sold, but bread and cheese may be obtained at some of the osterie.
Some of the better establishments (fiaschetterie) in Rome and
Florence are also restaurants.
In Northern Italy the favourite wines are the carefully prepared
Piedmontese brands, Barolo, Nebiolo, Grignolino, Barbira, and the spark¬
ling Asti Spumante; the Valtellina wines (best Sassella); the Veronese
Valpolicella ; the Vincentine Marzemino and Breganze (a white, sweet
wine); the Paduan Bagnoli; in the province of Treviso, Conegliano,
Raboso di Piave, Prosecco, and Verdiso; in Udine, Refosco; the wine
of Bologna, partly from French vineyards; Lambrusco, etc.
In Tuscany the best wines (all red) are: Chianti (best Broglio), Ru-
flna (best Pomino). Nipozzano, Allomena, Carmignano, and Aleatico
(sweet). Orvieto and Montepulciano are white wines produced farther
to the south. — A 'fiasco', a straw-covered flask, usually holding three
ordinary bottles, is generally brought, but only the quantity consumed
is paid for. Smaller bottles may sometimes be obtained: mezzo fiasco
(Vali quarto fiasco (i/4), ottavino (i/8); these must be bought outright.
In Rome the commonest wines, besides the Tuscan, are those of the
neighbourhood (Vini dei Castelli Romani), the favourite being Fras-
cati, Marino, and Genzano. Wines of a better quality are sold in ordi¬
nary corked and labelled bottles. Table-wine (vino da pasto) is served
in open flasks: i/2 litre, un mezzo litro; 1\i litre, un quarto; x/5 litre, un
quinto or bicchiere. The figures on the outside of the shops (6, 7, 8, etc.)
indicate the price per i/2 litre in soldi (1 soldo = 5 c). In shops outside
the town the wine is very cheap and often excellent.
The Neapolitan wines are good, but mostly full-bodied: Falemo,
famous in antiquity, from the vineyards near Gaeta; Lacrimae Christi,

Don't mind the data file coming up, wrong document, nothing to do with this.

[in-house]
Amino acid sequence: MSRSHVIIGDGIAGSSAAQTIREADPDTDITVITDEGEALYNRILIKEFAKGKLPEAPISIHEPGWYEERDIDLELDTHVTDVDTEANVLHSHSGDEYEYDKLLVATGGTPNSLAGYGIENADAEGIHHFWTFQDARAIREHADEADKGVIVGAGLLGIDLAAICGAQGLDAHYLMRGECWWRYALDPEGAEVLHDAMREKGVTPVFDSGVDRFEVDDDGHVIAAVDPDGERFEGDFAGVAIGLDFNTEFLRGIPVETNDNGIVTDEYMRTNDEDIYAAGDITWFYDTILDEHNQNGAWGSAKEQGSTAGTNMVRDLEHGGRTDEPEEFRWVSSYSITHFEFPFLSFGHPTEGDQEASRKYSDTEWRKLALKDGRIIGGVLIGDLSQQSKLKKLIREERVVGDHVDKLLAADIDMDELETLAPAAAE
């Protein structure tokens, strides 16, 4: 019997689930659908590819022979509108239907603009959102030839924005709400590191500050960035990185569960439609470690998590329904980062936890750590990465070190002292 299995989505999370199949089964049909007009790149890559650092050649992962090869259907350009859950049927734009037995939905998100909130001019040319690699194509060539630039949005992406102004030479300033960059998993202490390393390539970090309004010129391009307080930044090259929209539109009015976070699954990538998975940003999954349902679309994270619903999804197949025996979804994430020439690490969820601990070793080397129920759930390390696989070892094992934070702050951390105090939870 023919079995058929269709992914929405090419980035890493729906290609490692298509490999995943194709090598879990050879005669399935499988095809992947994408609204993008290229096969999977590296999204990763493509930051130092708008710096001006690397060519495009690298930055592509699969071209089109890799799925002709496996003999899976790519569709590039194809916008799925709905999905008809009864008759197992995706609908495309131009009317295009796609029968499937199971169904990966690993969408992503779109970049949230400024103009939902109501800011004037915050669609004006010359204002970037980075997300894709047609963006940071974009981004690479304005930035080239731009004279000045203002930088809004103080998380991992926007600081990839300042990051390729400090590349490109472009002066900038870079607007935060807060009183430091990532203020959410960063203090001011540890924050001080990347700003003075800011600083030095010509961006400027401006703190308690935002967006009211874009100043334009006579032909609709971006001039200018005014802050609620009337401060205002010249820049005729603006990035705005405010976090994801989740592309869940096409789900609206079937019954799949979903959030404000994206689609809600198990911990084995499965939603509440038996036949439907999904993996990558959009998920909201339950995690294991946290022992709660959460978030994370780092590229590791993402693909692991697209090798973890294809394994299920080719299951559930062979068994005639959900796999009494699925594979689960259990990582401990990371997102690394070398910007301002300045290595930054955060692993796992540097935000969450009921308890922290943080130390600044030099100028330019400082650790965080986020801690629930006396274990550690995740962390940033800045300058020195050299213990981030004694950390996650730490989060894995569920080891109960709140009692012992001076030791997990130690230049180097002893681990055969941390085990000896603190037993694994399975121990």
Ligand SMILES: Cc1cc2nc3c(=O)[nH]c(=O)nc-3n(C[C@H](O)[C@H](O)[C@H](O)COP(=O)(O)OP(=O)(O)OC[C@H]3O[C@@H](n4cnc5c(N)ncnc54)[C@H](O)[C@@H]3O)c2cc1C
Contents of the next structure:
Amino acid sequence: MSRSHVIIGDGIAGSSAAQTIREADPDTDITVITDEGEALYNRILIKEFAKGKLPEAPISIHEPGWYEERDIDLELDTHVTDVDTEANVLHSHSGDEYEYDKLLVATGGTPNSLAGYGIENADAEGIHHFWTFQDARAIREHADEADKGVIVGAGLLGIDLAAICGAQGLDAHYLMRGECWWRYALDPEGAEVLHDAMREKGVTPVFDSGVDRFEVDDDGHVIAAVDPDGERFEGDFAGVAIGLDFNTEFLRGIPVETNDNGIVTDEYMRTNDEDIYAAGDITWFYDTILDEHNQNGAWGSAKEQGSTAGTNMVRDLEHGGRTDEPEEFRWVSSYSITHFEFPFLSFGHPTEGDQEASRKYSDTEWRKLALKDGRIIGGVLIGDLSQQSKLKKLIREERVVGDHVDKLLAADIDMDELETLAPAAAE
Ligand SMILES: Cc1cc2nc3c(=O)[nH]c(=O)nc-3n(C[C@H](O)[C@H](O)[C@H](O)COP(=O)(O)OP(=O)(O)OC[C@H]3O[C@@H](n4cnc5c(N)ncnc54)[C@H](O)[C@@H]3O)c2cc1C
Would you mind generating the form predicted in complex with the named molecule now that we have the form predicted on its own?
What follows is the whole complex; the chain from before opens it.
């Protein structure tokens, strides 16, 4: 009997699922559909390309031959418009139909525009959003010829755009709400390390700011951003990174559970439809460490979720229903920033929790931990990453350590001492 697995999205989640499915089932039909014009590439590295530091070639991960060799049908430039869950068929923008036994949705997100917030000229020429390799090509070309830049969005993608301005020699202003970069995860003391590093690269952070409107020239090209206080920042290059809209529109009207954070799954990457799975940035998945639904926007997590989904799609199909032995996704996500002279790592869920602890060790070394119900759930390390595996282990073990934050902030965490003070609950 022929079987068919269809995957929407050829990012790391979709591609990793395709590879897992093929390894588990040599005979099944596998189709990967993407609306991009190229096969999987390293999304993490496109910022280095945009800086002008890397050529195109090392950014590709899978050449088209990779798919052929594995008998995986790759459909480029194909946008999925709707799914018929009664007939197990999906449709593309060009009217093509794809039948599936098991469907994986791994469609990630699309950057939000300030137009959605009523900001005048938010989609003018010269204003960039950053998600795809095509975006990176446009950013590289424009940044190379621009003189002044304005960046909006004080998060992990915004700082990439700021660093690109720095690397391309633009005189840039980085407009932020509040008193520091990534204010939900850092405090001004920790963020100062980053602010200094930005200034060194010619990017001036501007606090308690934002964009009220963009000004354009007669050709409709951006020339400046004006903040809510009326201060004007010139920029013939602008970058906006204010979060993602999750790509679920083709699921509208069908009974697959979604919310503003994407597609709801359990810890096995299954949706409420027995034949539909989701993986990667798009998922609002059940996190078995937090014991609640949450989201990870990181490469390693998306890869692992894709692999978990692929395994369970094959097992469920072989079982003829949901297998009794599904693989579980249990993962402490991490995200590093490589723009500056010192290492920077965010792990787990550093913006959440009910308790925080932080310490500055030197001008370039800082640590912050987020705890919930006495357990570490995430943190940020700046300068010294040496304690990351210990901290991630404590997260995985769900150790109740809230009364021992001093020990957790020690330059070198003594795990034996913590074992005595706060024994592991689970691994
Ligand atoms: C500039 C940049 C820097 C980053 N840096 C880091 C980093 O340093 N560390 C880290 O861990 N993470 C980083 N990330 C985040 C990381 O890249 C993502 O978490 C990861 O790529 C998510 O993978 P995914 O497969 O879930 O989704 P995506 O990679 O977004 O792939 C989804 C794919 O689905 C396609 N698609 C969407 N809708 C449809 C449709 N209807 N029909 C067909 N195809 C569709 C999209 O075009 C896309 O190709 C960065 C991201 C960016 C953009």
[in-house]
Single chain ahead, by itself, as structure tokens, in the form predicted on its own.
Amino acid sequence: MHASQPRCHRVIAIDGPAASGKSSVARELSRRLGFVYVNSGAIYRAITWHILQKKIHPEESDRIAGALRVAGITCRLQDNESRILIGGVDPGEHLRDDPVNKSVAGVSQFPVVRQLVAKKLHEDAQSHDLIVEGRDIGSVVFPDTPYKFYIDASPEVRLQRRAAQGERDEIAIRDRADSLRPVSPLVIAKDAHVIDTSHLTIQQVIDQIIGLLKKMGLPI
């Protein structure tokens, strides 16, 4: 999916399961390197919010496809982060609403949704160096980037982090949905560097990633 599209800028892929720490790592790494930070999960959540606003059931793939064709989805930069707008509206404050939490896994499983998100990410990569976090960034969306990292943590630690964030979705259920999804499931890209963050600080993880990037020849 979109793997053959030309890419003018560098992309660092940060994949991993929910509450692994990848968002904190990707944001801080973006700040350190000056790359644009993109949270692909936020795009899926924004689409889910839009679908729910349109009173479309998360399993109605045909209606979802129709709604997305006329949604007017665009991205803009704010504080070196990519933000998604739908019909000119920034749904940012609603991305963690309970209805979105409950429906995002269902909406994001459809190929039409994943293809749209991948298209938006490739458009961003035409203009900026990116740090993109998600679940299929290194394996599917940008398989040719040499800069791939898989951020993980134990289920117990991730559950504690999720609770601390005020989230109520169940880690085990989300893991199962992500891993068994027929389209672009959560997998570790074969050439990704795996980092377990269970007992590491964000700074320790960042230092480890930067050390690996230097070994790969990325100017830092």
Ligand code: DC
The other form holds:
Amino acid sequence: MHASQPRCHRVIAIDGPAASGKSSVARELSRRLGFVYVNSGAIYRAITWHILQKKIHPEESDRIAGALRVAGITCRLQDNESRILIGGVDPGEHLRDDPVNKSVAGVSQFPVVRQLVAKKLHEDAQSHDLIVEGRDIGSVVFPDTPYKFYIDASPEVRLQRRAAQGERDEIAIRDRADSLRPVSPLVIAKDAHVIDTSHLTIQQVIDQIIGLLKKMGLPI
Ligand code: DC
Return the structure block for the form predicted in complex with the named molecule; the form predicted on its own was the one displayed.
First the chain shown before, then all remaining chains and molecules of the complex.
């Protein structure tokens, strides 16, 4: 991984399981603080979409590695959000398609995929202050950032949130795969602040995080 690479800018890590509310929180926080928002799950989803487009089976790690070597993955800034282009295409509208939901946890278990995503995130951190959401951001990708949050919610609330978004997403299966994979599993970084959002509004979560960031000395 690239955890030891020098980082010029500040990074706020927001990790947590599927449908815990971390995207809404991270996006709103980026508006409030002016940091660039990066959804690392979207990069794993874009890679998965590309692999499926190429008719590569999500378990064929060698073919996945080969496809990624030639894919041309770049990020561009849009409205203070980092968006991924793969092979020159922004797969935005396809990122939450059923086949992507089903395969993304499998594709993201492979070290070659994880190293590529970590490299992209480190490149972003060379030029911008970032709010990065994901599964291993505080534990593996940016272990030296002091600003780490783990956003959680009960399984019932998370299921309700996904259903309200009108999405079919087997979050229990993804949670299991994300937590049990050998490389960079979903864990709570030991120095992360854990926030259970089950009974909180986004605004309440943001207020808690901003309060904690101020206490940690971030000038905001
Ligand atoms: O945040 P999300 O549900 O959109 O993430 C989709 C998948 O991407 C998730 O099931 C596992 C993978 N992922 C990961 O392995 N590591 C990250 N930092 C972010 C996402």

from Vesuvius; Capri, Ischia, Procida, Gragnano, Salerno, etc.
Birrerie, corresponding to the French 'Brasseries', are now
found in all the larger towns and chief resorts of visitors. Munich,
Pilsen, or Gratz beer may generally be procured at these. A small
glass (piccola tazza) costs 30-40 c, a large glass (generally holding
un mezzo litro) 50-60 c. Luncheon may usually be obtained at these.
Cigars (sigdri) in Italy are a monopoly of Government, and
usually bad: Conchas and Trabucos, 20 c., Minghettis, 15 c,
Grimaldis, 10 c, Virginias, 8, 12, or 15 c, Toscani, Napoletani,
Cavours, V-/2-10 c., etc. Good imported cigars may be bought at
the better shops in the large towns for 25-60 c. each, and also foreign
cigarettes. — Travellers who import their own cigars, paying the
heavy duty, should keep the customs receipt, as they are liable to
be challenged, e.g. by the octroi officials (p. x). — Passers-by are
at liberty to avail themselves of the light burning in every tobac¬
conist's, without making any purchase.
Vm, Sights. Theatres. Shops.
The larger Churches are open in the morning till 12, and
generally again from 2, 3, or 4 to 7 p.m., while the most important
are often open the whole day. Many of the smaller churches are
open only till 8 or 9 a.m. Visitors may inspect the works of art
even during divine service, provided they move about noiselessly,
and keep aloof from the altar where the clergy are officiating. On
festivals and for a week or two before Easter the works of ant